“A Con for Our Time”

June 8th, 2009

Posted by: Roger Pielke, Jr.

[UPDATED: See below]

Writing at the FT, London School of Economics economist William Buiter calls the American Clean Energy and Security Act of 2009 (otherwise known as Waxman-Markey) “a total con”:

[Under ACES] emissions will not be reduced. But that is inconsistent with the supposed desire to reduce emissions to 83 percent of their 2005 level by 2020 and to 17 percent of the 2005 level by 2050. Except that is it not inconsistent if there is no intention to reduce emissions at all, but instead every intention to permit them to be raised above their 2005 levels. And that is of course what is going on.

Here I go beyond Buiter’s cogent critique to add a few quantitative details to how offsets under the bill will allow emissions to rise essentially indefinitely.

First, lets start with some assumptions.

1. The scheme begins in 2012.
2. The scheme covers 85% of US emissions.
3. 85% of 2012 emissions are 6,078 million tonnes
4. The scheme has a goal of reducing emissions to 5,056 million tonnes by 2020 and 3,533 by 2030.
5. 2,000 tonnes of offset credits are available each year of the scheme
6. Unused offsets roll over and can be used in subsequent years

Under these assumptions we can reach a few interesting conclusions.

First, to achieve the 2020 emissions reduction goal under a scenario of 2.0% annual GDP growth requires decarbonization of the U.S. economy of about 4.0% per year. Under the faster rate of economic growth in the Obama Budget that rate of decarbonization needs to be 5.2% per year.

Second, to achieve the 2030 emissions reduction goal under a scenario of 2.0% annual GDP growth requires decarbonization of the US economy of about 5.0% per year. Under the faster rate of economic growth in the Obama Budget that rate of decarbonization needs to be 5.7% per year.

Since no one knows how to decarbonize an economy at rates of 4% or above per year over a period of decades, the authors of the ACES bill have provided the opportunity for the generous use of “offsets” — which means that credit can be claimed toward the ACES goals for reducing emissions (or more likely, reducing hypothetical future emissions) both inside and outside of the U.S. economy.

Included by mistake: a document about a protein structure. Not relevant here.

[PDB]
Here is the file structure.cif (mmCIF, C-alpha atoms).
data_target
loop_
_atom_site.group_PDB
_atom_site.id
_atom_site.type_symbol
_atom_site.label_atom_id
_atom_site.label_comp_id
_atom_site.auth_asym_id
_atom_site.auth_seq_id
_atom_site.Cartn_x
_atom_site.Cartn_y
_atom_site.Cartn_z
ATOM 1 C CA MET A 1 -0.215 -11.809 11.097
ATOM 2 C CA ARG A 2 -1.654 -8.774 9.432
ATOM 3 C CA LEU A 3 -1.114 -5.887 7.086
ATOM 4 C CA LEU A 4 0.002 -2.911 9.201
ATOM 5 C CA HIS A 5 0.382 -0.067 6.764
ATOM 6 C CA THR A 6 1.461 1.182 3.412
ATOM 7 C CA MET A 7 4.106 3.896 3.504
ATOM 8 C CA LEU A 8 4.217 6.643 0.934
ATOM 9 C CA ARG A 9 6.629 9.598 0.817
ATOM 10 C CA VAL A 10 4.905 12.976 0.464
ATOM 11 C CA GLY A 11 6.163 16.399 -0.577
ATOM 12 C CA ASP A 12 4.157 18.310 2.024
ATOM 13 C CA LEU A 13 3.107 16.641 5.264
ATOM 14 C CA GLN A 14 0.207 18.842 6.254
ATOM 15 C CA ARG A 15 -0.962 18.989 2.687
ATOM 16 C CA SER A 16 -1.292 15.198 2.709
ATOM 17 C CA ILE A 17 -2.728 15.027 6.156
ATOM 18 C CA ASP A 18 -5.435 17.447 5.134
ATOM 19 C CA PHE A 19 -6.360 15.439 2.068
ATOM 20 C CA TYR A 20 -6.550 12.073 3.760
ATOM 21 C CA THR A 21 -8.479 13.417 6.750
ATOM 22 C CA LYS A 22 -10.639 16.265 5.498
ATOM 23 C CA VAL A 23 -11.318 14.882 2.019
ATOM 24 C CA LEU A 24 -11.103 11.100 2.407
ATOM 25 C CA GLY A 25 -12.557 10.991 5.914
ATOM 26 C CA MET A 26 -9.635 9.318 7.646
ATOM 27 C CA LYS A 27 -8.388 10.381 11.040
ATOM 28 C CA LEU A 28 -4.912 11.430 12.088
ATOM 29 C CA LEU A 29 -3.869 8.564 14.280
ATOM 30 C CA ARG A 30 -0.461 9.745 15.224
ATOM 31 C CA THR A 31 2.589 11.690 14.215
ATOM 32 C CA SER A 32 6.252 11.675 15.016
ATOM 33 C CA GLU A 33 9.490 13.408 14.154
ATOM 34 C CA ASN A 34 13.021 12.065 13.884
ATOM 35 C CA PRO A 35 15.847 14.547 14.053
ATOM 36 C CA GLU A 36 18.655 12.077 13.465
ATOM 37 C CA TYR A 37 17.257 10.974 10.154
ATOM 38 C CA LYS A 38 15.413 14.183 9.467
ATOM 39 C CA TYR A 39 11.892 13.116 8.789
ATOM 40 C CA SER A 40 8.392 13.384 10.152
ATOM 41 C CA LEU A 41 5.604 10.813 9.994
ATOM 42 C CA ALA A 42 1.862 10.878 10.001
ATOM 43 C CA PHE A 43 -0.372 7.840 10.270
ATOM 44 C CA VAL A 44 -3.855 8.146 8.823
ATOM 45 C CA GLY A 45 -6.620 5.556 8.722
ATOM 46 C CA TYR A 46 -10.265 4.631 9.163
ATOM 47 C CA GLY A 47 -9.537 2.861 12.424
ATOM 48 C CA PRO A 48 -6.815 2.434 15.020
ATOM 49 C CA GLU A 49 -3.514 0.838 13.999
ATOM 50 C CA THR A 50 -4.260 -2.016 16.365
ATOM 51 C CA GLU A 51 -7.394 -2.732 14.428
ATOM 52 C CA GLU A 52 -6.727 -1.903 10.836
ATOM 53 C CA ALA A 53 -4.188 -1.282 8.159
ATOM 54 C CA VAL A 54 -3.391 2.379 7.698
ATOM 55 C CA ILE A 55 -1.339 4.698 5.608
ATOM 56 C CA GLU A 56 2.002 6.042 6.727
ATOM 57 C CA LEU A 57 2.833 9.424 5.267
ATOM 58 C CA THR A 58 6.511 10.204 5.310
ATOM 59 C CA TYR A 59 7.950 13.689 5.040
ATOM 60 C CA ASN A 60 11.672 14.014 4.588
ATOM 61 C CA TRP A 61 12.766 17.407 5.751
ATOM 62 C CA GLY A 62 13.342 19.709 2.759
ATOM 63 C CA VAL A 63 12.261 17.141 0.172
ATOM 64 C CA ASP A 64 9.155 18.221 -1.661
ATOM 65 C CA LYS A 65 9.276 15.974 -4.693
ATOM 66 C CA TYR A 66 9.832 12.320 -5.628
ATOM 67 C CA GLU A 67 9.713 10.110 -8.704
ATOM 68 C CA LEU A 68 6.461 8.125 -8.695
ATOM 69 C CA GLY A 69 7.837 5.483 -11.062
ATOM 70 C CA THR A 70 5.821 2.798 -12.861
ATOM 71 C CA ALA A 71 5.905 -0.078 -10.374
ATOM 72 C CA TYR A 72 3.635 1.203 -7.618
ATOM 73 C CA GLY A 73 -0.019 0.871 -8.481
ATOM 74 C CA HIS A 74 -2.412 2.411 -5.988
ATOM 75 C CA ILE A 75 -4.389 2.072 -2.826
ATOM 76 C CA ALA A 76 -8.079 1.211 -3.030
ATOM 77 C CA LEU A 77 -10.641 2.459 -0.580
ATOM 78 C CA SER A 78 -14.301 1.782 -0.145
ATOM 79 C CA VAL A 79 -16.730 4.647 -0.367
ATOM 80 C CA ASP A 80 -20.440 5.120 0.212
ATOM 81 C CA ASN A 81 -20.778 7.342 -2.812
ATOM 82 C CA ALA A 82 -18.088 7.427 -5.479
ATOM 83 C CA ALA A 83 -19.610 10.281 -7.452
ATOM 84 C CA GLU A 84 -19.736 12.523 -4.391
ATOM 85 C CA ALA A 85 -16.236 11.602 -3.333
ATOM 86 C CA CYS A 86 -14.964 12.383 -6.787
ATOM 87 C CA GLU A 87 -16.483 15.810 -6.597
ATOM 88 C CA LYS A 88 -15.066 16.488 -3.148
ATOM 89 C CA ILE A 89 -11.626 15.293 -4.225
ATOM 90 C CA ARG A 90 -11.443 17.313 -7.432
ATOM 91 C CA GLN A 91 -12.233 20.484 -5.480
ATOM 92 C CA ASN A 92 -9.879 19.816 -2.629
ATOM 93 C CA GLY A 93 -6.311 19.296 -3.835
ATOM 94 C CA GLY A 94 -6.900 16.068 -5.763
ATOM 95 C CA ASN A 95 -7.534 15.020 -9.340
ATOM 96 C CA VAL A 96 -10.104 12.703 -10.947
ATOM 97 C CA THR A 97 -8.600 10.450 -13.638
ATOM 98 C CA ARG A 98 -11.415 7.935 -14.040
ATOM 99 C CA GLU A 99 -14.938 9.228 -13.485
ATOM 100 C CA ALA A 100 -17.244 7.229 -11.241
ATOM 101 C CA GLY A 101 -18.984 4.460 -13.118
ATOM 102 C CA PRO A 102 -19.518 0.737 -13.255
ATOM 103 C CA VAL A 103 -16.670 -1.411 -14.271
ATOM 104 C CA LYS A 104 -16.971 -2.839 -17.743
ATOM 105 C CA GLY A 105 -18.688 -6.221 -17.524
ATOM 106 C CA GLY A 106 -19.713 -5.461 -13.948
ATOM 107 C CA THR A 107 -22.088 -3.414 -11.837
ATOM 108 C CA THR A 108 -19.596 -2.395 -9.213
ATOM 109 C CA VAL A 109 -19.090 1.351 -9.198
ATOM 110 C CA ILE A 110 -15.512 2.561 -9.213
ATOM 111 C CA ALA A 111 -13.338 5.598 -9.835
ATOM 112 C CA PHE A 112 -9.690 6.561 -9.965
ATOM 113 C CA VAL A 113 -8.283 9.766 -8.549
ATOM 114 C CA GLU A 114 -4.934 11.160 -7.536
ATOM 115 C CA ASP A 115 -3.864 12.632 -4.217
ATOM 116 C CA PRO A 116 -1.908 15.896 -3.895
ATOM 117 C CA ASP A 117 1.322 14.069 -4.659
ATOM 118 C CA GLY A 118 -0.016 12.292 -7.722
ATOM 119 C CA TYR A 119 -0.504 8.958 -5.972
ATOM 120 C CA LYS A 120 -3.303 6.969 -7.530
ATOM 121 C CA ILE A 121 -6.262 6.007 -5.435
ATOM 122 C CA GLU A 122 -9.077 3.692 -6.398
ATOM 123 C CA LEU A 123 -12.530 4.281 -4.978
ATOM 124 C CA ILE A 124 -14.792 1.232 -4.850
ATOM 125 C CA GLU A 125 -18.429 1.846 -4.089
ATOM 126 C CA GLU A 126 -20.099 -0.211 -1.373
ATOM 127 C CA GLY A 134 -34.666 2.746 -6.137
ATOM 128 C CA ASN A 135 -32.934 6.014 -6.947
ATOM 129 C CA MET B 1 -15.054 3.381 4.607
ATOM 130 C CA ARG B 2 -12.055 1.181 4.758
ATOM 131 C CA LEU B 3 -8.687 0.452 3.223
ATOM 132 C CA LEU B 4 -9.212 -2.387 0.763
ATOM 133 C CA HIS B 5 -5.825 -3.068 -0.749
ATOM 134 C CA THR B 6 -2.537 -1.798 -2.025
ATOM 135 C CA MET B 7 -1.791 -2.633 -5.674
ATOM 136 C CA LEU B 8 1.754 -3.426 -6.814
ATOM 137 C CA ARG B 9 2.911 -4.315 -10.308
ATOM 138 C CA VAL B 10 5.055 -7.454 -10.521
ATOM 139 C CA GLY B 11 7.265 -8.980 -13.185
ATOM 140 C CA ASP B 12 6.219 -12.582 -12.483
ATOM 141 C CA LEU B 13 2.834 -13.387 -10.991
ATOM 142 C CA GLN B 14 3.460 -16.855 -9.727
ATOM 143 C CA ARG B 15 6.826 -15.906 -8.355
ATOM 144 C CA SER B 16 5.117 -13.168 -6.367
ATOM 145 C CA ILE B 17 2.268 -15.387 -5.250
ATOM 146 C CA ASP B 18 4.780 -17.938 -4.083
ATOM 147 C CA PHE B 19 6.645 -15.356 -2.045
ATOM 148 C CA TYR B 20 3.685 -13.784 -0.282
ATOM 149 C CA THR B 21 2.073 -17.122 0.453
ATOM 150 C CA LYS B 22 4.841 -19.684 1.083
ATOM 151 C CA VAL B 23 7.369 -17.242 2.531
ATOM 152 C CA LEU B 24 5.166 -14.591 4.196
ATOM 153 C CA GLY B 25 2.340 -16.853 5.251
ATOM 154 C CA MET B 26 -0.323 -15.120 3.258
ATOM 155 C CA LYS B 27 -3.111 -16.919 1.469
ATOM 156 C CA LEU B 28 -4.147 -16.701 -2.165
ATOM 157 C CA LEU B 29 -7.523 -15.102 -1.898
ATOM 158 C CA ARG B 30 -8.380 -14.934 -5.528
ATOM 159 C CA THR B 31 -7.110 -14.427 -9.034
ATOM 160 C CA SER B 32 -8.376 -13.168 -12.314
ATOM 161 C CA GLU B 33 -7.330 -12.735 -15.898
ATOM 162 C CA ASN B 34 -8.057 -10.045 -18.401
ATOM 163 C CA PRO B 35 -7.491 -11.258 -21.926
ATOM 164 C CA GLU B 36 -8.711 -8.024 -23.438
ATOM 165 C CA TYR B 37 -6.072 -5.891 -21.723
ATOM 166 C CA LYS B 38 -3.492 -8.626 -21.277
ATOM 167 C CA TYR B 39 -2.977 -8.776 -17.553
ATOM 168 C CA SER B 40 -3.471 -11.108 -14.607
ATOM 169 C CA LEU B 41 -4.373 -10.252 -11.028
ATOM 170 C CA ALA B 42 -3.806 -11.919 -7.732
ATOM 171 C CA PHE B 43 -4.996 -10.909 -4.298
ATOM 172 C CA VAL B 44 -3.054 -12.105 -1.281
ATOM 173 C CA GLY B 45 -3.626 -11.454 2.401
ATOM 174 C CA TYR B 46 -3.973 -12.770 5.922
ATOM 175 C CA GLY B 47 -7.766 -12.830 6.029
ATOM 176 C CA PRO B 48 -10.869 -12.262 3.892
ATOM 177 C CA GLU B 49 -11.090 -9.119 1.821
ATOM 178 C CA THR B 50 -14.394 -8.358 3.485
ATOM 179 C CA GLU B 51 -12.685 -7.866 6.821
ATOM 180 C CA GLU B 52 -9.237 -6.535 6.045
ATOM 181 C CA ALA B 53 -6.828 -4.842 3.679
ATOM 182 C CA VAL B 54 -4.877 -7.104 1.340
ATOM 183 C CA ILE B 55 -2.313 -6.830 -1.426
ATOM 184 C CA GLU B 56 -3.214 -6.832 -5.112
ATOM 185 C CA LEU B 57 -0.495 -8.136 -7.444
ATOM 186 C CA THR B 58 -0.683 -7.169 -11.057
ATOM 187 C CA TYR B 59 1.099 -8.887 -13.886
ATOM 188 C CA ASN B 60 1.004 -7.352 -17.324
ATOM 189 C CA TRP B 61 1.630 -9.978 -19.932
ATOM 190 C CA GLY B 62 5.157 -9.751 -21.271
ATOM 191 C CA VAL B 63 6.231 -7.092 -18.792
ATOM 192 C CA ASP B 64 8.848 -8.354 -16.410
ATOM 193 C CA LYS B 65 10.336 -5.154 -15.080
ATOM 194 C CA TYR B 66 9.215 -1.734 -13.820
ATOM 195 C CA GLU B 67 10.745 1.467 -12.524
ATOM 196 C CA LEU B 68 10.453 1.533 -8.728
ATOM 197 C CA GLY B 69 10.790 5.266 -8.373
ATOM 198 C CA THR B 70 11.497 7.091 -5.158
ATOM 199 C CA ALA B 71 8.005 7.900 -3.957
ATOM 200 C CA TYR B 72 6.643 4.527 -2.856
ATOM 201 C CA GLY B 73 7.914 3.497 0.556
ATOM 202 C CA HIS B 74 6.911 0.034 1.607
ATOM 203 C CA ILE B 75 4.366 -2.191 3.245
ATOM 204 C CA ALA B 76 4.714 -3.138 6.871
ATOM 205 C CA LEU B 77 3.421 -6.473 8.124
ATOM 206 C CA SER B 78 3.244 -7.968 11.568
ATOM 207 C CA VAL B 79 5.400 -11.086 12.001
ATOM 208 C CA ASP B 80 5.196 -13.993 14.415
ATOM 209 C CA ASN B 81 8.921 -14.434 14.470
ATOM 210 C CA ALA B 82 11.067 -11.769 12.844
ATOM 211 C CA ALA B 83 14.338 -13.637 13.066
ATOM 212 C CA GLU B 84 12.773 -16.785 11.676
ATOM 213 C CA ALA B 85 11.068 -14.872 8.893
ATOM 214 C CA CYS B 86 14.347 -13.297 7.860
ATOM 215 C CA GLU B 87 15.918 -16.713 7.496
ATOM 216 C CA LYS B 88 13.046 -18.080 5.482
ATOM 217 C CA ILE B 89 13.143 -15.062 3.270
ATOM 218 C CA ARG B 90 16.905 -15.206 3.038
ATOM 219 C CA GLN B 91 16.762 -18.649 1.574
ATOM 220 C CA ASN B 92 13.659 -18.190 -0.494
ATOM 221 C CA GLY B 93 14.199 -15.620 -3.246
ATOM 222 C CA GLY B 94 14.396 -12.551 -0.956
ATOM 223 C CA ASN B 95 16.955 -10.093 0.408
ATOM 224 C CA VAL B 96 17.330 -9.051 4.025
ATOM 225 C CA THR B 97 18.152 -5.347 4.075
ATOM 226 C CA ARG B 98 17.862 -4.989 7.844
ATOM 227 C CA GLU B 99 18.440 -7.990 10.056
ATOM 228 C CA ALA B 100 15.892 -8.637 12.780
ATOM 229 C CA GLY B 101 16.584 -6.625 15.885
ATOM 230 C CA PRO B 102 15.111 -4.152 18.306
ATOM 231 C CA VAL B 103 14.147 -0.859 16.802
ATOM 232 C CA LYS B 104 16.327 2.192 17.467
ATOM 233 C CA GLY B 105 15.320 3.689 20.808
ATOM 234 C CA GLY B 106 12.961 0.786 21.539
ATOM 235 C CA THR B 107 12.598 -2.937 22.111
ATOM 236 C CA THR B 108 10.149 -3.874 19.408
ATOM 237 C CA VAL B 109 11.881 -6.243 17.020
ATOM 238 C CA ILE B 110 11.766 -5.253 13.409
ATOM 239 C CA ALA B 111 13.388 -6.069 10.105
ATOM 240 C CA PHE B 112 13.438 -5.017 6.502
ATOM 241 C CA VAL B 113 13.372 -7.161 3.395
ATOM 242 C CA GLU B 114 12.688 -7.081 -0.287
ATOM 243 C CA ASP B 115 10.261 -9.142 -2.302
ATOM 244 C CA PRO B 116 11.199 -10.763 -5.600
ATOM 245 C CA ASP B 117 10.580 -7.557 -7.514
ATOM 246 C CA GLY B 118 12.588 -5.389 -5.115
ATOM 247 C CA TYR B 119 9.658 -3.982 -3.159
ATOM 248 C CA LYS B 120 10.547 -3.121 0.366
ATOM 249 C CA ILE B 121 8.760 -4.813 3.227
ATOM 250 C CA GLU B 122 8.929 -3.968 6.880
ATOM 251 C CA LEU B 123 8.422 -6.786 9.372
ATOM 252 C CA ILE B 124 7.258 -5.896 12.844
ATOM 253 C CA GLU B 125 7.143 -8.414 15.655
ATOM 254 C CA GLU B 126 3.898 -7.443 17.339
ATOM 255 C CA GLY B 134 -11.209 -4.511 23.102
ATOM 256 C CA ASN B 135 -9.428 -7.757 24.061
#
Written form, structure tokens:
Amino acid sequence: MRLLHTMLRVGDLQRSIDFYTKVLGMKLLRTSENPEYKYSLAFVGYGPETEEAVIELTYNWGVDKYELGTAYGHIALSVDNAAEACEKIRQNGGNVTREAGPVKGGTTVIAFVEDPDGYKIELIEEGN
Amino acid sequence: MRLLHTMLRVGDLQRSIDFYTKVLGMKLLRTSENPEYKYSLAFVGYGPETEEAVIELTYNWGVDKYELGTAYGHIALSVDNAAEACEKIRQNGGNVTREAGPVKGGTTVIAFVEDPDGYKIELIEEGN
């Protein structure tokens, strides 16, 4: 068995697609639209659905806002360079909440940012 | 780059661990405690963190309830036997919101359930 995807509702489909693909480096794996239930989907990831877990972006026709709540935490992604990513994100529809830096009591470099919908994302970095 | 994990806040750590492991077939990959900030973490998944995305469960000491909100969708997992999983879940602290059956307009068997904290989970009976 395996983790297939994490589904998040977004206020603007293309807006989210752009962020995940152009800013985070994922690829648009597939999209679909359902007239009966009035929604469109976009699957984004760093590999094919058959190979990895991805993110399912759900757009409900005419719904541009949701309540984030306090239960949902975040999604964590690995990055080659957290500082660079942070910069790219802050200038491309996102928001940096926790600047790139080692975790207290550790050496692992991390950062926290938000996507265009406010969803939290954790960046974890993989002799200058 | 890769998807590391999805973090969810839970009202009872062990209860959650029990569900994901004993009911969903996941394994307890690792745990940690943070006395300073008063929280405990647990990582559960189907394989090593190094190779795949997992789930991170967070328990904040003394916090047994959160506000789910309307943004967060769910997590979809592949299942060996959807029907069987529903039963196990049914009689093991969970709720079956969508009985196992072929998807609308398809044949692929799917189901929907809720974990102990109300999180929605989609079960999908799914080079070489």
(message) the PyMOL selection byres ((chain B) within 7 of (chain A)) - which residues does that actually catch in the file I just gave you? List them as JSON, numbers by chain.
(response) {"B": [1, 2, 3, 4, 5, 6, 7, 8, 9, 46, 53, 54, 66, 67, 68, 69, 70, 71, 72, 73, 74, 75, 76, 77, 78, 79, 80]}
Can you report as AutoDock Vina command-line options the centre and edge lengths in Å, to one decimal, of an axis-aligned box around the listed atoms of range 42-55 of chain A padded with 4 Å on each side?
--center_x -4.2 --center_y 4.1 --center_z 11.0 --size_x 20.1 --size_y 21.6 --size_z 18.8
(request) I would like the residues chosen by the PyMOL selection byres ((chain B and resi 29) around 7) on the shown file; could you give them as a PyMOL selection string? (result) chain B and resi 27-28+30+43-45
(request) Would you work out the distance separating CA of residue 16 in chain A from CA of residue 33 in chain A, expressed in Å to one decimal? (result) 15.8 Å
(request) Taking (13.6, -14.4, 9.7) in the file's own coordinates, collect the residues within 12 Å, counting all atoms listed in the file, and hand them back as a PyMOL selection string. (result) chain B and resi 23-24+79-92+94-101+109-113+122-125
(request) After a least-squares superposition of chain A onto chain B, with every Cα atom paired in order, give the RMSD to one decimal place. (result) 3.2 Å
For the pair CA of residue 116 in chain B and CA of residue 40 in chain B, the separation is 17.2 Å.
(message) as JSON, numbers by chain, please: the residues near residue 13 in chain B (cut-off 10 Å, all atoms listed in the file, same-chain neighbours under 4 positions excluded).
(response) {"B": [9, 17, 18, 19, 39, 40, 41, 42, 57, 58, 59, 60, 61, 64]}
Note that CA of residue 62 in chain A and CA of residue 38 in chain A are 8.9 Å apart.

I was curious as to how many offsets would have to be used for the U.S. to maintain its historical rate of decarbonization of about 2% per year. So I have conducted the following exercise:

1. I projected US emissions at a 2% rate of decarbonization of the economy coupled with assumed economic growth of 2% per year.

2. I then compared this scenario with emissions reductions consistent with the targets in ACES for 2020 and beyond. [UPDATE: The first version of the graph I showed below used a rate of decarbonization faster than required by ACES to 2020, but consistent with a 2030 trajectory, the second graph shows a rate consistent with the 2020 trajectory.]

3. I assume that the difference between the 2% decarbonization scenario and the ACES scenario will be made up for entirely through use of offsets.

The question I want to answer is, what percentage of available offsets would be necessary to use to sustain a 2% rate of decarbonization? The answer surprised me and can be seen in the following graph.


What this graph shows is that only a small portion of available offsets would need to be used to sustain the historical rate of decarbonization of the U.S. economy [UPDATE] consistent with the ACES 2030 trajectory. Economic modelers like to call this “business as usual.” Whether the 2% rate results from business as usual, the effects of ACES, or a combination of both is irrelevant to this exercise.

[UPDATE} The graph below shows the rate consistent with the 2020 emissions reduction trajectory. The rates are different to 2020 and 2030 under ACES, which is why the graphs look different

(Methodological notes: I ignore the phase in of covered entities from 2012 to 2016 under ACES, making my exercise a bit conservative. Using a faster rate of growth, such as under the Obama Budget would increase the values for 2020 by about 3%.)

What this exercise shows is that it it would be possible under an offsetting scheme like that in ACES to avoid achieving decarbonization rates of 4% or greater by using only a small fraction of available offsets, and thus do absolutely nothing to change, much less transform, the U.S. energy system. William Buiter is correct — offsets are a “con for our time.”

11 Responses to ““A Con for Our Time””

  1. dean Says:

    This is such a pathetic situation overall. While I lack the time to read all the detailed analyses from supporters and opponents of W-M, and I lean towards the arguments against, I can’t see its defeat as a good thing either.

    Would it’s defeat be taken as a message to jump right in for a better bill? Is a better bill feasible in Congress? Or would defeat simply mean that a climate bill is off the table for a year or two or three? It seems that only the head-in-the-sand crowd can be happy with this situation. It’s a classic lose-lose situation for supporters of taking action.